Week 2 Aesthetics and Politics of Contemporary Art(31/01/2008)


Critics:

The media, form and gallery in art has the relation with each other. The technology does not have the fixed hierarchical position in the art. It should be the interactive position with the three factors. Refer to the archaeological study on technology and social boundary, the technology does not belong to the the specific group so it is difficult to distinguish the different ethnic groups by technology. What they claim and how they practice the technology in the daily life are the main factors to shape their identity. I think the relation between art and technology should be placed under the artist's claim and how the technology will be practiced to answer the questions which be proposed by materialsm.

Discussion:

  1. Bourriaud focus on the debate in contemporary art after 1970.

  2. postwar

  3. return relational politics

  4. two ways:type text;(?)

  5. What is relational aesthetics

  6. France, 1980, curator and commentator

  7. What is long texture behind 1980?

  8. hard Maxist and soft Marxist

  9. impact on minimal art and conceptual art.

  10. Judging culture.

  11. He wants position in relation___________. Relation with blain(?)

  12. identity art?

  13. Commoditical art experience

  14. What is the problem of media for Bourriaud.

  15. TV: typical image. Technology represented by TV is passive. Any way to audience.

  16. Social interaction

  17. technology is a social question

  18. leash <----technology

  19. _________separation by social force

  20. technology not social.

  21. Body is thinking again

  22. Godard

  23. long tradition.

  24. This notion is promoted by ________.

  25. moral logic

  26. close group

  27. different type, dialogic

  28. the relation is dynamic, media structure

  29. transit

  30. a social problem

  31. physical engagement

  32. socialist, muslin

  33. british library, breaking the rule. casset of fascism and communism

  34. speak with the other

  35. what is talked about materialism by Bourriaud?Luis Althurssur, Spinoza. Social form, relation, situation.

  36. This notion is situal and behove us.

  37. Materialsm-> natural materialism.

  38. Critical realism, ritual body, debate.

  39. Result in using a thing again.

  40. Exchange value.

  41. Contemporary art and claim for realism.

  42. Social bond.

  43. Social is never smooth.

  44. Where is the social agent?

  45. Three areas: a. transfit; b: operational; c. the notion of materialism

  46. serious form

  47. Bourriaud type.

  48. Why the relation_______ contribute the form. Its relational attipity.

  49. Social relation make us reflect the form.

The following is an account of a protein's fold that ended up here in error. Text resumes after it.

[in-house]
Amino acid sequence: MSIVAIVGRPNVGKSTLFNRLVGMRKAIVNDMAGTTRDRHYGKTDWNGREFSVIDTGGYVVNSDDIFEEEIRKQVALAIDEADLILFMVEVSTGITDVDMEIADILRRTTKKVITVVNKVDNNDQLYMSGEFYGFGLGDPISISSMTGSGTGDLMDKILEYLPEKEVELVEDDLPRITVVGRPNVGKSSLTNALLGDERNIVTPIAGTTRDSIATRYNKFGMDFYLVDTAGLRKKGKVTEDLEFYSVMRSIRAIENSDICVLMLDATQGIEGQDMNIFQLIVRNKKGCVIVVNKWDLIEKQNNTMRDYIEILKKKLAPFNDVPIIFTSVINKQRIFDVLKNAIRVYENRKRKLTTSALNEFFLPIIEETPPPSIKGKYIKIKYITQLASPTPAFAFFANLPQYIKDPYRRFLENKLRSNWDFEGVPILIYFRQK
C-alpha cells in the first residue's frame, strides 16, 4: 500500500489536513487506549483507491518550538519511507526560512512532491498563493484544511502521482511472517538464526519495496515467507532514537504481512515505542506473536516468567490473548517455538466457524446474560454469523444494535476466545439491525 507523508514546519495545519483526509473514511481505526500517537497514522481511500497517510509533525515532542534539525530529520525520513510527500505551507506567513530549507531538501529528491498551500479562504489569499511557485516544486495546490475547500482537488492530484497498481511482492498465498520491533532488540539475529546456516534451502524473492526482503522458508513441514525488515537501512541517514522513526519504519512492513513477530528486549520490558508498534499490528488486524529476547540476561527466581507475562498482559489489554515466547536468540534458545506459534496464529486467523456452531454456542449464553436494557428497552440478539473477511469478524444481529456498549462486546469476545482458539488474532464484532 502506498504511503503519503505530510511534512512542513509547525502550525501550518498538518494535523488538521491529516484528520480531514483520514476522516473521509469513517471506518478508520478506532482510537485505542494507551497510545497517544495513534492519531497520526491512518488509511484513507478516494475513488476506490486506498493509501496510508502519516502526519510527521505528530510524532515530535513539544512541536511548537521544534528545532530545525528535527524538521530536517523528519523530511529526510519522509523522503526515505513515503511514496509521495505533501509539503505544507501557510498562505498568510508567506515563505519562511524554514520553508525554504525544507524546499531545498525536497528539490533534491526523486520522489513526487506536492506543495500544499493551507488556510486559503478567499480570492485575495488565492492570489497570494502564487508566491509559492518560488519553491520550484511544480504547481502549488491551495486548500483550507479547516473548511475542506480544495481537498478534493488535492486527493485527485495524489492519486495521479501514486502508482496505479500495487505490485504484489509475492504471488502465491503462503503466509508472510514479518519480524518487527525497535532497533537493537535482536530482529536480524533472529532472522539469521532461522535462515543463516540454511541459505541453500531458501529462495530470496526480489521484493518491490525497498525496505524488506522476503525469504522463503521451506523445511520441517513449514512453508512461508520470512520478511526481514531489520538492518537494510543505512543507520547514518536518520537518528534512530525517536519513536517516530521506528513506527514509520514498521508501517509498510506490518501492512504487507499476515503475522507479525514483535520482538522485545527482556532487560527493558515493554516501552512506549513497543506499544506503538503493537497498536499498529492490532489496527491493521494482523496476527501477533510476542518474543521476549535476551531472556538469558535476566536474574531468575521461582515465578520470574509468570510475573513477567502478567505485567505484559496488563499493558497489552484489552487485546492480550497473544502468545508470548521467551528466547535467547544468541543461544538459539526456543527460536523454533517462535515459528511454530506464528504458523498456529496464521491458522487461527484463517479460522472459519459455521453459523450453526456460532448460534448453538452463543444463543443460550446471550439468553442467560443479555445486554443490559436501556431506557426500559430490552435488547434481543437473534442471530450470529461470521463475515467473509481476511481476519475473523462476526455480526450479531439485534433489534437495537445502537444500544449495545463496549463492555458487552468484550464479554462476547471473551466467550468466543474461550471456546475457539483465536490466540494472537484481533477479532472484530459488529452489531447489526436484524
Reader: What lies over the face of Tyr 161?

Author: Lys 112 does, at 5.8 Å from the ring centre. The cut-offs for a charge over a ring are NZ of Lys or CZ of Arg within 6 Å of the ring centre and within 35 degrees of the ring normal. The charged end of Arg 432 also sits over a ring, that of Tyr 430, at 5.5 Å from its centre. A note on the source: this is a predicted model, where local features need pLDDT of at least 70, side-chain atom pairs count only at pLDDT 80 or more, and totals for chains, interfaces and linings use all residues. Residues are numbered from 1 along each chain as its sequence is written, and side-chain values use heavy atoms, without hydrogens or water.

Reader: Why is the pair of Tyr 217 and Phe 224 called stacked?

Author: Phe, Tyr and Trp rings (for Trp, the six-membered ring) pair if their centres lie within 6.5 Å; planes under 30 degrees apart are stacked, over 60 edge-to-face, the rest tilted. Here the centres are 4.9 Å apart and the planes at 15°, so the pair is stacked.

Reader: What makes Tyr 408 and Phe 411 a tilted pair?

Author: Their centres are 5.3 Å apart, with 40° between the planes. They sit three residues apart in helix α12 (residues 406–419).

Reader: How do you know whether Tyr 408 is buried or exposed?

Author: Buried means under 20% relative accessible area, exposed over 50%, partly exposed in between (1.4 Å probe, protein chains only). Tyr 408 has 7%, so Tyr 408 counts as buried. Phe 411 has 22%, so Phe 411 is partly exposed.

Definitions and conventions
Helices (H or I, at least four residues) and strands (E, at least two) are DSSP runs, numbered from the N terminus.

50. But soft important

  51. myriad box

  52. stage, high value.

  53. In the early 1990s

  54. expansion. Art in the gallery, not good.

  55. Best given modern period

  56. separate from friend.

  57. Habermas, Greenberg, George. deploy frequently

  58. precise ultinamy

  59. b___1930s, Avant-Garde

  60. ambition

  61. habermas said: ___ Avant-Garde fails to _______.

  62. period of a sense

  63. Neil Avant-Garde

  64. Cage Cleegen

  65. They create sight(site) make Avant-Garde_.

  66. Octorber <-----Journal

  67. Art space is not about gallery. It can ________anywhere

  68. Fundamental

  69. Art Incoporateed by Julian Stallabrass

    Core Reading:

    *. Nicolas Bourriaud, Relational Aesthetics, trans. Simon Pleasance and Fronza Woods, Dijon: les presses du réel, 2002.


Notes:

1.This is a society where human relations are no longer "directied experienced", but start to become blurred in their "spectacular" representation.-p8


2.Over and above its mercantile nature and its semantic value, the work of art represents a social interstice, This interstice term was used by Karl Marx to describe trading communities that elude the capitalist economic context by being removed from the law of profit: barter, merchandisingm autarkic types of production, etc. The interstice is a space in human relations which fit more or less harmoniously and openly into the overall system, but suggests other trading possibilities than those in effect with this system. This is the precise nature of the contemporary art exhibition in the arena of representational commerce: it creates free areas, and time spans whose rhythm contrasts with those structuring everyday life, and it encourages an inter-human commerce that differs from the "communication zone" that are imposing upon us.-p16


3.The contemporary artwork's form is spreading out from its material form: it is a linking element, a principle of dynamic agglutination. An artwork is a dot on line.-p21


4.The work of art actually shows (or suggests) not only its manuacturing and production process, its position within the set of exchange, and the place, or function, it allocates to the beholder, but also the creative behavior of the artist (otherwise put, the sequence of postures and guestures which make up his/her work, and which each individual work passes on like a sample or marker). So every canvas produced by Jackson Pollock so closely links his flow of painting to an artist's behaviour, that the latter seems to be the image of the former, like its "necessary product", as Hubert Damisch has written.-p41